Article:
47. A person who is not sure about the direction of qiblah should consider the most probable direction in his view as qiblah for performing actions other than prayer, which should be done facing the qiblah, such as slaughtering an animal. If he deems none of the possibilities for any direction any higher, he can perform that action facing any direction.
Rulings on masjids
115. It is forbidden to make the floor, roof, ceiling, and walls of a masjid najis, and if a masjid becomes najis, it is obligatory to purify it immediately.
116. Purifying a masjid is a kifā’ī obligation and it is not obligatory only for the person who has made it najis or caused it to be najis. Rather, it is obligatory for all people who can purify the masjid.
A kifā’ī obligation, which is opposite to an‘īnī obligation, is an obligation to be performed by a person, such as purifying the mosque and giving ghusl to a corpse and burying it. In the beginning, everyone is obligated to do it but it suffices to be performed by one of them. If nobody does it, everyone will be guilty. An‘īnī obligation is an obligation that all mukallafs must perform, such as daily prayers, khums and zakat.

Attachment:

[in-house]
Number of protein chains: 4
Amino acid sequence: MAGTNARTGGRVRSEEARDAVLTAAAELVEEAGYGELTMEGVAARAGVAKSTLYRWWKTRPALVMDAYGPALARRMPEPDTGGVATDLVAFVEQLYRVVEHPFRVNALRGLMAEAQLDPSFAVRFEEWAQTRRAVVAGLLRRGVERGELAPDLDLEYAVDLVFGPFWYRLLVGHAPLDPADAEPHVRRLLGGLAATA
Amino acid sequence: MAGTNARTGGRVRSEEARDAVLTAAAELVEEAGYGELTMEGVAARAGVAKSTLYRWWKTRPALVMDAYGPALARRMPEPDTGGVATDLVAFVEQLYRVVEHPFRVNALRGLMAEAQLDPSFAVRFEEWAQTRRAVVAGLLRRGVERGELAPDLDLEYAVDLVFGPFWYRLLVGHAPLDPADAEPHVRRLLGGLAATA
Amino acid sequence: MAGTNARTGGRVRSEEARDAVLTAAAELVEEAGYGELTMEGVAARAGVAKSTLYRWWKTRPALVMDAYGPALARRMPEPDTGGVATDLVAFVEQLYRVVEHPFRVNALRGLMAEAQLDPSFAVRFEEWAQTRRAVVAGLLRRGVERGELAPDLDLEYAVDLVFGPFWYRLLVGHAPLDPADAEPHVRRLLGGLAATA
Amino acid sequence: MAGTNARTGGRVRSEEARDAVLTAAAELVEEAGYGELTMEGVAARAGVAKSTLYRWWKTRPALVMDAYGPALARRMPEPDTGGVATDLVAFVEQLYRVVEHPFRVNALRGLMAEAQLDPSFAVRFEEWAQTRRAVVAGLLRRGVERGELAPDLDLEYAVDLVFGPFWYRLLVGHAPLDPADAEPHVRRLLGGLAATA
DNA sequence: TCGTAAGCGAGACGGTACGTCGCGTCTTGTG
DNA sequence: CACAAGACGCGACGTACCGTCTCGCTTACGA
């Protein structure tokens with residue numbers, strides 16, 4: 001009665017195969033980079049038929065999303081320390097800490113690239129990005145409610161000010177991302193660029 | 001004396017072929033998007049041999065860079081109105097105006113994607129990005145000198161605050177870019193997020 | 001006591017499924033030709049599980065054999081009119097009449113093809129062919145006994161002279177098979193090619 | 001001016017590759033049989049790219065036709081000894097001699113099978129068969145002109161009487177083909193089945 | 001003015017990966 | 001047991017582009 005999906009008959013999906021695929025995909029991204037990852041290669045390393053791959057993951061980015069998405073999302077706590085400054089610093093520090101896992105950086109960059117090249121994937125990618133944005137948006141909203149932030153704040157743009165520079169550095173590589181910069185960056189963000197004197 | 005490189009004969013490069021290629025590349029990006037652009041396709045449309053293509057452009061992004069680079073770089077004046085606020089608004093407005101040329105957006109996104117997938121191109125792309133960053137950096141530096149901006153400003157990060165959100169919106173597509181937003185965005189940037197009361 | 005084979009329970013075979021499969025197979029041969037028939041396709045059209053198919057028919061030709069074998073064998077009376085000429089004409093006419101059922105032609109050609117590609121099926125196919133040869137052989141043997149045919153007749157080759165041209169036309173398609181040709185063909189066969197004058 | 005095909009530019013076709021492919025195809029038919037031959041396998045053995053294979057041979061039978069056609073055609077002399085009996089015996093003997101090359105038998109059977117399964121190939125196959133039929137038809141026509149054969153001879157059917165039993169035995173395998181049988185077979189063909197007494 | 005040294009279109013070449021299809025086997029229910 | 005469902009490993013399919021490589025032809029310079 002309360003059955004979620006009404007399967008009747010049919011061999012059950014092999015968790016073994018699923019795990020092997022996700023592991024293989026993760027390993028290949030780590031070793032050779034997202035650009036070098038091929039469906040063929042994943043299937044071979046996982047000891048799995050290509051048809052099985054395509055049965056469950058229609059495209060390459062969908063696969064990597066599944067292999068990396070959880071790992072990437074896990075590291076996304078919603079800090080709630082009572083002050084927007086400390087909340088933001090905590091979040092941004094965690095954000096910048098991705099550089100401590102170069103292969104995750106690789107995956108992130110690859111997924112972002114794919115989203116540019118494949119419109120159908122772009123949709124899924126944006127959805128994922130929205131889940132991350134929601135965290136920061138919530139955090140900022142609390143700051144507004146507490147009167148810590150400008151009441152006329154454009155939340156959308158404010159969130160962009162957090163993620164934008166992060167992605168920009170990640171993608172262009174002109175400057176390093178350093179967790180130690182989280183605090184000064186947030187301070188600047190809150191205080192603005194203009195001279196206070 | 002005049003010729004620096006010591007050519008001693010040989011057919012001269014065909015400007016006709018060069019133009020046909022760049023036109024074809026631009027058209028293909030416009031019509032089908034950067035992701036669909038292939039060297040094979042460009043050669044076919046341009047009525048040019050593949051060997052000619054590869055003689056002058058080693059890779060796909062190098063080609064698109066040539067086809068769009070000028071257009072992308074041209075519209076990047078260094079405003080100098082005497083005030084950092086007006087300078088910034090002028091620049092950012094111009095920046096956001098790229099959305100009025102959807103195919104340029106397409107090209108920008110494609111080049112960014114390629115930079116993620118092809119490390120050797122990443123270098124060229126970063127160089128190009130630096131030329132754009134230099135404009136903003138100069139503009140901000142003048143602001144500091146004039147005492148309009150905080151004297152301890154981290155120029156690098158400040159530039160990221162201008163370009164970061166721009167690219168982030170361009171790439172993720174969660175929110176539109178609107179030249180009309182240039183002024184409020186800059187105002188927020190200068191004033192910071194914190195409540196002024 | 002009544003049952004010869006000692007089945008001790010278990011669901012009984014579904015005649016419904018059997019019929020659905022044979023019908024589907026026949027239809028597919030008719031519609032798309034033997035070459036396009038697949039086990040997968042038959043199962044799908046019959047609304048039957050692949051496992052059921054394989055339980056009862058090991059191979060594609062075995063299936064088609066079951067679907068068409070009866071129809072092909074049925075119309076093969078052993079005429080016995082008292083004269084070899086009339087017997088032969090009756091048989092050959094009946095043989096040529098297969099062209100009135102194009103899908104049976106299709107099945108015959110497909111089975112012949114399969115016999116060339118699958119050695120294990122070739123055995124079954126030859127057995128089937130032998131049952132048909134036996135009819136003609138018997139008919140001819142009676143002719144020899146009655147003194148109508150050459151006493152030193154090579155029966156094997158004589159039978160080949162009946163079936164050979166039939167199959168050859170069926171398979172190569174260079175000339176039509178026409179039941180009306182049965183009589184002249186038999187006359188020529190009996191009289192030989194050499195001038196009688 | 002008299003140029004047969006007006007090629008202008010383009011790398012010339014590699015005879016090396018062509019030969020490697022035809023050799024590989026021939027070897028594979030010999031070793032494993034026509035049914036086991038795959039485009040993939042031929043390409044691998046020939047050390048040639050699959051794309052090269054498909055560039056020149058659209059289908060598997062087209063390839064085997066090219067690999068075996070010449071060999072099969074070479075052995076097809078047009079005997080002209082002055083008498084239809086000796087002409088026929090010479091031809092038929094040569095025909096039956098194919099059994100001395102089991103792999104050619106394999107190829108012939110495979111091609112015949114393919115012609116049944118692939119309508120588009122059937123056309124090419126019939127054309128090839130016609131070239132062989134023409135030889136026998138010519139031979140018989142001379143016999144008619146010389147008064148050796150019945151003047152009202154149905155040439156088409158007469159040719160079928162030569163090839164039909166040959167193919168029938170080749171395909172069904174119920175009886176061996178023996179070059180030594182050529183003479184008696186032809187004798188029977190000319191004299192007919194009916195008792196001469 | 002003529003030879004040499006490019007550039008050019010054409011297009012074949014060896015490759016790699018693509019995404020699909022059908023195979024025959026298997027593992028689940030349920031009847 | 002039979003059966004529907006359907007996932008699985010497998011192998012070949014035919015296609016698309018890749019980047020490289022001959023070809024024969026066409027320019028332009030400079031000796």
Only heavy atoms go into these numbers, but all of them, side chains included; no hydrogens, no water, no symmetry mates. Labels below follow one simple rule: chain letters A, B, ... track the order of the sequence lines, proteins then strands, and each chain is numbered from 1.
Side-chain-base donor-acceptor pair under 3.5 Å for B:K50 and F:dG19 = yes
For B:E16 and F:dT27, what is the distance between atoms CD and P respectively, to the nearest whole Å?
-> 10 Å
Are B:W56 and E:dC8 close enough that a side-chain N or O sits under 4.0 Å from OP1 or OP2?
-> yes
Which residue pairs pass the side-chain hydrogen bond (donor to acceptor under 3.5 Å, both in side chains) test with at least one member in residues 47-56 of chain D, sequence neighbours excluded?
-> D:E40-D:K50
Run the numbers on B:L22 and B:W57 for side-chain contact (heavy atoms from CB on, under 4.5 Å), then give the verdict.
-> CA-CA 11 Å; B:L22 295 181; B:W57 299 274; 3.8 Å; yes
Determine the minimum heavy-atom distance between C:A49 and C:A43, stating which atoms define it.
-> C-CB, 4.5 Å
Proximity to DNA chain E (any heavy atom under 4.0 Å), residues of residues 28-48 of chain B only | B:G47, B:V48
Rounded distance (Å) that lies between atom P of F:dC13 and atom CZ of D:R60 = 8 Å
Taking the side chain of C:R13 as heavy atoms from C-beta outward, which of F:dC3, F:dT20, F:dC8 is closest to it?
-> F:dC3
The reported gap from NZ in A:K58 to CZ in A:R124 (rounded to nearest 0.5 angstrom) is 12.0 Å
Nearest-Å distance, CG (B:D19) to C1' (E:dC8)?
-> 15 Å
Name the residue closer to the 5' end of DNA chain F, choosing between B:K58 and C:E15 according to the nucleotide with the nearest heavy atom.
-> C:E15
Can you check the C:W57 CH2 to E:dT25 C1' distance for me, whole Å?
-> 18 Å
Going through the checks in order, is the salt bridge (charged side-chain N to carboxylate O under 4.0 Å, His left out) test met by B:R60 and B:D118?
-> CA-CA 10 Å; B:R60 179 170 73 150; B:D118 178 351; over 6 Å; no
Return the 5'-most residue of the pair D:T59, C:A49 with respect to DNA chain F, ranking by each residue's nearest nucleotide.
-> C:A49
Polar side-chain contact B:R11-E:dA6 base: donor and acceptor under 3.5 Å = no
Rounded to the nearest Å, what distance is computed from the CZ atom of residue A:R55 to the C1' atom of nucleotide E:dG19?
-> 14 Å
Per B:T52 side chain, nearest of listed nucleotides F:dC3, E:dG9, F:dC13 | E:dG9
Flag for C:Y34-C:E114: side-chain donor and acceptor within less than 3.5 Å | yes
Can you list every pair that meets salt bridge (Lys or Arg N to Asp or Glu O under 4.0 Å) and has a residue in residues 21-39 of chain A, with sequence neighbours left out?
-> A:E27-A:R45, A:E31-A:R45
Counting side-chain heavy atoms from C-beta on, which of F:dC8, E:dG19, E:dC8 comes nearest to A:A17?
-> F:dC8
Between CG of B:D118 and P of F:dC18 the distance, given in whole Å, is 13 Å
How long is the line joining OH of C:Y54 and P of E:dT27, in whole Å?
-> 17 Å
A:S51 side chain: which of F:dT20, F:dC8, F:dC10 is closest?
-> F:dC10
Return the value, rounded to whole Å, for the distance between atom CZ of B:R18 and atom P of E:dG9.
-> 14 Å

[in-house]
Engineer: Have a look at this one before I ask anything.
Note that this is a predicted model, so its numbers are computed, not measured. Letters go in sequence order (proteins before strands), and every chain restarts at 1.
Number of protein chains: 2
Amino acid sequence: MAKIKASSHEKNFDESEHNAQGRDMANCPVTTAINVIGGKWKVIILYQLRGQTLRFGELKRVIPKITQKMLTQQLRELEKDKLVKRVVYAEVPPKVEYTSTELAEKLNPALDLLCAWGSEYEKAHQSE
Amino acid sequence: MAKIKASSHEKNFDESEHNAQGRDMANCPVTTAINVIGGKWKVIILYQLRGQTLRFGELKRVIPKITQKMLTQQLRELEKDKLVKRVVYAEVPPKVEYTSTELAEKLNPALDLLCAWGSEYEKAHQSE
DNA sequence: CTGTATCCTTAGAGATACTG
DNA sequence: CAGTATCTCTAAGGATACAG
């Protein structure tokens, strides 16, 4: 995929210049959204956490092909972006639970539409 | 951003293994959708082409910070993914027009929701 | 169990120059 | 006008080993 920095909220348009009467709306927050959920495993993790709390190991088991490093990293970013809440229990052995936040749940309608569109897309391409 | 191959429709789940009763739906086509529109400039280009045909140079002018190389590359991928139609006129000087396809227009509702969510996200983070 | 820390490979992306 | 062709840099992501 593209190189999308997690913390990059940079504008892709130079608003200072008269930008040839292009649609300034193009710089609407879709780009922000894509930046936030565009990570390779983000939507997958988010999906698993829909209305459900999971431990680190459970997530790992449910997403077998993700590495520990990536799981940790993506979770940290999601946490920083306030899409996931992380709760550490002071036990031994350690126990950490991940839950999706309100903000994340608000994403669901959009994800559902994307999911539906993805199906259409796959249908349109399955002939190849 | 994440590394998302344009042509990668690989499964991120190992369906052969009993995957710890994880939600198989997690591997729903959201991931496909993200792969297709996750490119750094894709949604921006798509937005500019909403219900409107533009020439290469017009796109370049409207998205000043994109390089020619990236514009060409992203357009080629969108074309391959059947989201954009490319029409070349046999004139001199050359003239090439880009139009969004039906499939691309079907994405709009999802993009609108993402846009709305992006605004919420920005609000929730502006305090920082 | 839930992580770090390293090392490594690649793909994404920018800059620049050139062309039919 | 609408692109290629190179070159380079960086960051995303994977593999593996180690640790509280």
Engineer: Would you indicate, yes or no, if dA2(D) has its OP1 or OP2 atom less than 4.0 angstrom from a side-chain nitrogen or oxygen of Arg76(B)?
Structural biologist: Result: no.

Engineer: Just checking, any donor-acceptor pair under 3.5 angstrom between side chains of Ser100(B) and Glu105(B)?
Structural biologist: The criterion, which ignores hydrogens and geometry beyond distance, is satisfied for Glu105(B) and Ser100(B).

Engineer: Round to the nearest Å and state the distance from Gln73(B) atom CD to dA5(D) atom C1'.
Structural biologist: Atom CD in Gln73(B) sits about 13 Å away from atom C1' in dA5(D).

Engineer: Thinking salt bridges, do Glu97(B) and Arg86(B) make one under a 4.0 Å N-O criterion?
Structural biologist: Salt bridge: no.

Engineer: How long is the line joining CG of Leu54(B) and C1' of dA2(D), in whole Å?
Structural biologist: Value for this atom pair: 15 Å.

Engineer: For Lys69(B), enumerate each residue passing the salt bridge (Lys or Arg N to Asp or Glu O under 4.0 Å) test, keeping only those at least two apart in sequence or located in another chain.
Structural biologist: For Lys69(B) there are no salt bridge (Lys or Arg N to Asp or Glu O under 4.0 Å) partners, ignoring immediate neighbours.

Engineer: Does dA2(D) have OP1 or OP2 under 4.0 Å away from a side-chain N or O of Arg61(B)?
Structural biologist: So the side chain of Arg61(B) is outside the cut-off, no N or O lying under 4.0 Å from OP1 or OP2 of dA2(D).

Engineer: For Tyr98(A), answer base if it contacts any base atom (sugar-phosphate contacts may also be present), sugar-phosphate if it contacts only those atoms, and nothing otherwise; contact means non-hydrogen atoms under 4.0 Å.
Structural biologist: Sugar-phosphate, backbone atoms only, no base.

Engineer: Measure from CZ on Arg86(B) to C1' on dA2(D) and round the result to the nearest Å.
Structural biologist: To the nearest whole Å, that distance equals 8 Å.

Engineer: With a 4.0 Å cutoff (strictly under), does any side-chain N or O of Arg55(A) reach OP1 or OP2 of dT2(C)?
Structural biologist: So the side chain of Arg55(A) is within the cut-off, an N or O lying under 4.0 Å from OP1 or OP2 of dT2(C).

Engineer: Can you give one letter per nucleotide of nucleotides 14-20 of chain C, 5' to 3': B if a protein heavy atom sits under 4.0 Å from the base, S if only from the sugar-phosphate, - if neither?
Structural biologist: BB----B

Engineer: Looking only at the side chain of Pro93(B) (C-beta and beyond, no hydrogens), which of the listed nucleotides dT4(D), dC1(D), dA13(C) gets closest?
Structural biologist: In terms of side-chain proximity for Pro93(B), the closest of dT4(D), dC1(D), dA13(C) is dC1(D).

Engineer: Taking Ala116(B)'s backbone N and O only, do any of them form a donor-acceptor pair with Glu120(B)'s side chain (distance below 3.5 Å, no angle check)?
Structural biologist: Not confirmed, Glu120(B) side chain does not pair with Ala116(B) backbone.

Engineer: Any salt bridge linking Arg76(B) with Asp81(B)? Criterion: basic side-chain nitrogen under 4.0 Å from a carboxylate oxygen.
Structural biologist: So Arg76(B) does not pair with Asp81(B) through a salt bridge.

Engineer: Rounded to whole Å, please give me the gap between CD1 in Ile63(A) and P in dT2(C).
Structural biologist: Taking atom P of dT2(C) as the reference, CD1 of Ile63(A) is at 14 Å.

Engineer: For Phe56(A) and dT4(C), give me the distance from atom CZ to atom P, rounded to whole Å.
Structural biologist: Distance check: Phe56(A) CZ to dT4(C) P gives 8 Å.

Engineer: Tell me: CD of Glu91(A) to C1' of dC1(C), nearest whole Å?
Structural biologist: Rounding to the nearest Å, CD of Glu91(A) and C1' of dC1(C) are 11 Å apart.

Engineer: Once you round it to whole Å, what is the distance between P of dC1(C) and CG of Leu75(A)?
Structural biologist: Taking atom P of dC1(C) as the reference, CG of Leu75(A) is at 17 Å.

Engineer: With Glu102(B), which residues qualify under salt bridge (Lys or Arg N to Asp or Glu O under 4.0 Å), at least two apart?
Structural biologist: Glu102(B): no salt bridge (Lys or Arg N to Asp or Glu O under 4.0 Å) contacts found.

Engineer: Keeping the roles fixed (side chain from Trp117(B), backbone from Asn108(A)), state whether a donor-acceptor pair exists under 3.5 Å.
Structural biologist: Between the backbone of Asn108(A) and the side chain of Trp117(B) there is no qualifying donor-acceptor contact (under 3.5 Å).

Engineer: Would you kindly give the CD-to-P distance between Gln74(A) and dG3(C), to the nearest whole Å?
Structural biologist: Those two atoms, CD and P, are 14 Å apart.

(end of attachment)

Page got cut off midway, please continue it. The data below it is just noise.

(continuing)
117. It is forbidden to make the shrine of an infallible Imam (peace be upon them) najis, and if it becomes najis, it is obligatory to purify it if it is considered disrespectful to remain najis. Otherwise, it is good to purify it.
118. Adorning a masjid with gold is forbidden if considered an act of extravagance. Otherwise, it is makrūh.
119. It is obligatory to show appropriate respect for the status and position of a masjid, and any practice incompatible with its standing and prestige should be avoided.
120. There is no problem with activities such as holding educational classes if they do not conflict with the dignity of the masjid nor cause any disturbance to congregational prayers and worshipers.
121. It is not permissible to demolish a mosque or a part of it except for an inevitable reason which cannot be ignored.
122. One cannot perform for sure that it is ḥarām to make a masjid najis if it is usurped, demolished and replaced by another building, or abandoned so that there is no sign that it is a masjid without any hope for its reconstruction. Yet, it is mustaḥabb caution not to make it najis.